By Tim Graham | March 15, 2016 | 5:06 PM EDT

No one can imagine that the terms "Islam" and "filthy religion" would be associated with each other in the pages of The New York Times. But in the Sunday Book Review, an article on Tom Bissell's history of the apostles of Jesus Christ began with this stunning turn from poet Christian Wiman:

"Nietzsche believed that if only a Dostoyevsky had been among the apostles who followed Jesus, someone who understood the environment in which 'the scum of society, nervous maladies and "childish" idiocy keep a tryst,' we might have been spared centuries of ovine idiocy," he wrote. "One genius could have given us a work of ennobling art. Instead, we got 12 bleating sheep and one filthy religion."

By Matt Philbin | March 9, 2016 | 1:47 PM EST

Call it Harry Potter & the Goblet of Grievance. 

J.K. Rowling has run afoul of the Indian indignation industry. According to Huffington Post, the author is in heap-big trouble for not being sufficiently sensitive to the diversity within the “Native American wizarding community.” 

By Clay Waters | January 25, 2016 | 3:56 PM EST

The New York Times often uses its book review to make liberal political statements under the cover of criticism, whether by praising books by liberals that bash conservatives, or eviscerating books by conservatives that attack the left. Sunday brought the first kind, summed up by this online teaser: "Dark Money argues that the Koch brothers and a small number of allied plutocrats have essentially hijacked American democracy."

By Clay Waters | June 8, 2015 | 8:45 AM EDT

Primates of Park Avenue is a new memoir by Wednesday Martin that purports to examine and explain the preposterously well-off women of the Upper East Side of Manhattan, much like Jane Goodall studied chimpanzees. Martin's prominent pre-publication essay in the New York Times mocked those "poor little rich women" for betraying feminism by being "dependent and comparatively disempowered." Times reporter Anne Barnard reacted to the essay with a liberal political rant and the paper ran no less than three reviews. But the New York Post outclassed its rival in journalistic integrity, finding many factual errors that will result in the publisher slapping an asterisk on the book.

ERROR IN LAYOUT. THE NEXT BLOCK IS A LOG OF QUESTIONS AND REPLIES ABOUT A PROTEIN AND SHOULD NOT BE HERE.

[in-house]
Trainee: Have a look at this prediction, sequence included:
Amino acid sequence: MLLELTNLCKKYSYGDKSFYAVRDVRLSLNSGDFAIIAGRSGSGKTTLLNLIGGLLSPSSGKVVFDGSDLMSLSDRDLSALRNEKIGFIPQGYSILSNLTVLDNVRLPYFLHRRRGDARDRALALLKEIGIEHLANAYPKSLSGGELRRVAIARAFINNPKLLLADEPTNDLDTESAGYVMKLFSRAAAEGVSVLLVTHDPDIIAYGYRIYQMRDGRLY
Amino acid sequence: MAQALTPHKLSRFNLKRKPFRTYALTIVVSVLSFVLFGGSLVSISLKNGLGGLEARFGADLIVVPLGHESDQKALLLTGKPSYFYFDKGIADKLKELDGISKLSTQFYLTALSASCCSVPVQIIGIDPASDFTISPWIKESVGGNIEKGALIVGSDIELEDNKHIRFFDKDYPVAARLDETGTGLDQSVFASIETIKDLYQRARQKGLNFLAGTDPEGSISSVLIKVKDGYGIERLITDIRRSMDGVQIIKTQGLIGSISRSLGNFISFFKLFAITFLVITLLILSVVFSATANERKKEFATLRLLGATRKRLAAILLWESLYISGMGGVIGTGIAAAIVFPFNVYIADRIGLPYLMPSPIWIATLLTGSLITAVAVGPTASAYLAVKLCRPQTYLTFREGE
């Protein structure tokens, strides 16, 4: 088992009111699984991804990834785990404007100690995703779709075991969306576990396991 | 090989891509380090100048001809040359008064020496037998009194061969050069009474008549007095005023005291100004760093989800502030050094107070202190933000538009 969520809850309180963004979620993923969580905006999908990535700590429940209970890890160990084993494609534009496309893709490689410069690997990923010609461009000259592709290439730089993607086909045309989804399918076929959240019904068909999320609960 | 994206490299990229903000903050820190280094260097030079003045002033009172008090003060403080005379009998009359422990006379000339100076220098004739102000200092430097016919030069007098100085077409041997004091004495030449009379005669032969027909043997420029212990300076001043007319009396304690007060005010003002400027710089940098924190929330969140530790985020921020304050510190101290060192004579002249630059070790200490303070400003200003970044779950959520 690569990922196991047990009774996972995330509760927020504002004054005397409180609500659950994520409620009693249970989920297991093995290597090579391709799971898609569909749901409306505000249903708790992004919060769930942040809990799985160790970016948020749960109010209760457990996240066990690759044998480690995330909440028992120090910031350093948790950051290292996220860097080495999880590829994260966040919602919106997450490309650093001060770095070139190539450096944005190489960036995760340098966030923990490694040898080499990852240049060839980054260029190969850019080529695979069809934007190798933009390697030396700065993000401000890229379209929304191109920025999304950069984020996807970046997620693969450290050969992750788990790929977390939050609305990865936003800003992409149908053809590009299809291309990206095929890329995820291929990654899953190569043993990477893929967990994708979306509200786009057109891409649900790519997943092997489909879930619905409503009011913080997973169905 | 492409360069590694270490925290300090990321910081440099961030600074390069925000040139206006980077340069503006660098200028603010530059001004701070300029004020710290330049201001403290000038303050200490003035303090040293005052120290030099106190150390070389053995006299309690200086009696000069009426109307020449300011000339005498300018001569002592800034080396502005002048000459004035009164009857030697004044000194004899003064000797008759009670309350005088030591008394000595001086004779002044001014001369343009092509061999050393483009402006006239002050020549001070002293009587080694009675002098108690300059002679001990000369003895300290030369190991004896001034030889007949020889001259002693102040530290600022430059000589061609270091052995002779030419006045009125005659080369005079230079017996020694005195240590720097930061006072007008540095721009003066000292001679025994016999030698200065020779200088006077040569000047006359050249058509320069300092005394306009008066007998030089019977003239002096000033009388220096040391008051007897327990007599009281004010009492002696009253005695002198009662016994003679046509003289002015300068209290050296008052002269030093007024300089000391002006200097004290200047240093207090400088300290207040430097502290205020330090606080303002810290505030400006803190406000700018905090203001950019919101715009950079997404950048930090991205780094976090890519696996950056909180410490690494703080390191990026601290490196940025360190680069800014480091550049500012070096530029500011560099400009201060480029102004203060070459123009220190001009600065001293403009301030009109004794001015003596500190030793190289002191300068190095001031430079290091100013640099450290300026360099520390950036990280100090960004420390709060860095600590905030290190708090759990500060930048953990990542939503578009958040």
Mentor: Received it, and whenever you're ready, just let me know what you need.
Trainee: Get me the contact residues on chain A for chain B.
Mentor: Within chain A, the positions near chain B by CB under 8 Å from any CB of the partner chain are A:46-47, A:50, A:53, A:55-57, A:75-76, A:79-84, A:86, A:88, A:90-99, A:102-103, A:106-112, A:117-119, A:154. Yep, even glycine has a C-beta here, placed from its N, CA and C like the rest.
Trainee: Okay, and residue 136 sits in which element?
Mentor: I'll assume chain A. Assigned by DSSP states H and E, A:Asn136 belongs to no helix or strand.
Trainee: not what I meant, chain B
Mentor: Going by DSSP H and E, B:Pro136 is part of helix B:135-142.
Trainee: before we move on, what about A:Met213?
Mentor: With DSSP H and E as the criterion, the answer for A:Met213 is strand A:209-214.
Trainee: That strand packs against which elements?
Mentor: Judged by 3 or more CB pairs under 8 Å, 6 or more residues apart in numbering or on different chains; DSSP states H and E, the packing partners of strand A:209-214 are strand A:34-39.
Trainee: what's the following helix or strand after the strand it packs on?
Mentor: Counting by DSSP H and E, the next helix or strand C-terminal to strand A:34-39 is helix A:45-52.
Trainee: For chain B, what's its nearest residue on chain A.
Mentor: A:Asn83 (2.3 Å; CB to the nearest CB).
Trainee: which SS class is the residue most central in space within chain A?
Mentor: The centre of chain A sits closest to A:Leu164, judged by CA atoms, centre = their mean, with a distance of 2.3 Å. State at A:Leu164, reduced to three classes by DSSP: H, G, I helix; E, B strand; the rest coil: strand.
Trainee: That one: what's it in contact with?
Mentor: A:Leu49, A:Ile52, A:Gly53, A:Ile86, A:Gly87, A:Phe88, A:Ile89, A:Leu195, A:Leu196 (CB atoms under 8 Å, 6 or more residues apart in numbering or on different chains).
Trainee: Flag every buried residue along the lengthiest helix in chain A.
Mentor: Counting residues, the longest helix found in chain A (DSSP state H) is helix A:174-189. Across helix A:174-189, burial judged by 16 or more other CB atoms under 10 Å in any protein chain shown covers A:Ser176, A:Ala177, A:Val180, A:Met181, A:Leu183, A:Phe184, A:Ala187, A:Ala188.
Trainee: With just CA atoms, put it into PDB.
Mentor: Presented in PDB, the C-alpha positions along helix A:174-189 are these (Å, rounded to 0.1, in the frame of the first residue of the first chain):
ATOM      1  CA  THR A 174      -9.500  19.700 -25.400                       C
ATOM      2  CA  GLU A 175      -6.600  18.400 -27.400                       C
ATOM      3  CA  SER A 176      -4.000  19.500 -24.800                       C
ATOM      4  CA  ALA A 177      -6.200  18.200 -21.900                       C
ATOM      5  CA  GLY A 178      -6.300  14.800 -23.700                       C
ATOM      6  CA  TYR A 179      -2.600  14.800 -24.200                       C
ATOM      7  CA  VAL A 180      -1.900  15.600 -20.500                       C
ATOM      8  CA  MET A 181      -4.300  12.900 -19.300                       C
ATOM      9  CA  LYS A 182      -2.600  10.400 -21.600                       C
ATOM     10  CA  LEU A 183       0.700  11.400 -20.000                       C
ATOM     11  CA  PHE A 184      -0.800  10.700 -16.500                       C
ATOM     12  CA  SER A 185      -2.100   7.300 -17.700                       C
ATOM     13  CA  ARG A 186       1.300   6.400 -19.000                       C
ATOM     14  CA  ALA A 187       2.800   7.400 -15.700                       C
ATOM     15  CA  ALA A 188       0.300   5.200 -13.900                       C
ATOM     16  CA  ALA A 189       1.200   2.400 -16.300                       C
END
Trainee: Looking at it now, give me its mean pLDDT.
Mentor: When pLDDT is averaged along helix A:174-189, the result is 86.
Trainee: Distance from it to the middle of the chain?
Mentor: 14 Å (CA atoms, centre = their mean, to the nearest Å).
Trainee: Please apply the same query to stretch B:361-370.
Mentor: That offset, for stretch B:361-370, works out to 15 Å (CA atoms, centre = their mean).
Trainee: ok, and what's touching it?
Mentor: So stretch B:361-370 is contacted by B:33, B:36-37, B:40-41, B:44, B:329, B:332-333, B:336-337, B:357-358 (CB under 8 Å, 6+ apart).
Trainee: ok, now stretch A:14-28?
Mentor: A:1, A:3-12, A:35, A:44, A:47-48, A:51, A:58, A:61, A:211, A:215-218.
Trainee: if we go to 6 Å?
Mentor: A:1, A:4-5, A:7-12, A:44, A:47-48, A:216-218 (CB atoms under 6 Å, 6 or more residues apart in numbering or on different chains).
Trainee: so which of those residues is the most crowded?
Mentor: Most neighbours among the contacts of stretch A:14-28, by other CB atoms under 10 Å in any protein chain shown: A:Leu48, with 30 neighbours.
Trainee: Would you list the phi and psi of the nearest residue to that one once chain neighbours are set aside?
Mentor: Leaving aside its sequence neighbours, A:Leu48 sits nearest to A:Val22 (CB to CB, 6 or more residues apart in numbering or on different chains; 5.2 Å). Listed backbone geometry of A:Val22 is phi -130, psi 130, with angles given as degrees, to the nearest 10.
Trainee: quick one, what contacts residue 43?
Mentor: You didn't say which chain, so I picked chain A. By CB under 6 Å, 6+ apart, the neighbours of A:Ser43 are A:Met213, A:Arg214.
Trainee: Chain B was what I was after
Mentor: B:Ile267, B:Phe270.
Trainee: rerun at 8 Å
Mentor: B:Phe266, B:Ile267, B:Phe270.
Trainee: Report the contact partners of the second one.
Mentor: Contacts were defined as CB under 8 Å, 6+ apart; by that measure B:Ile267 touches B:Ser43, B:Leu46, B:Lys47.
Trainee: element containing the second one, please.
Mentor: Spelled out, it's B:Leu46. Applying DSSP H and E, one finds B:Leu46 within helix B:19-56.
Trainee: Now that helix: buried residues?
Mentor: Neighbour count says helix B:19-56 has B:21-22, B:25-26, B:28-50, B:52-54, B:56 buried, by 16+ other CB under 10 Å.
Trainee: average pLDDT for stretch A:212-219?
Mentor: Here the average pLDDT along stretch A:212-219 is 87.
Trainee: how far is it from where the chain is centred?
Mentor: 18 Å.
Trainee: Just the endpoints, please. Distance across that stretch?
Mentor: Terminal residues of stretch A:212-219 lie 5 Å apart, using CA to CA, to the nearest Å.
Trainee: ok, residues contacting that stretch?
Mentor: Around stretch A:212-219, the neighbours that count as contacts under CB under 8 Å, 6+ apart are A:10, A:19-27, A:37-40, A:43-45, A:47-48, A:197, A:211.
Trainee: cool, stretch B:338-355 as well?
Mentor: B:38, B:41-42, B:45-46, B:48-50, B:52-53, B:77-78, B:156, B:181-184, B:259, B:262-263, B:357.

By Melissa Mullins | April 21, 2015 | 4:43 PM EDT

In case the adulatory media coverage of Hillary Clinton isn’t enough, there are the adoring Hillary Clinton children’s books. In August, Simon and Schuster will release Hillary Rodham Clinton: Dreams Taking Flight, a picture book for grade-schoolers.

The book is written by Kathleen Krull and is the story of Hillary Clinton’s childhood, her dreams of becoming an astronaut, her education, her experience as First Lady of Arkansas and the nation, and her campaign for president.  The book also includes inspirational quotes and messages (let's wonder if any are from the Bible, as she once claimed it was her “biggest influence”), as well as stories of the high points and a few of the low points along the way.

By Bill Donohue | February 28, 2015 | 10:51 AM EST

Janet Maslin has been reviewing movies and books for The New York Times for several decades, and up until now she has faithfully towed the newspaper's line on abortion.

Then she slipped. In a book review about a Chinese abortionist, she noted that once the "fetus" was born, "she has no right to take its life anymore."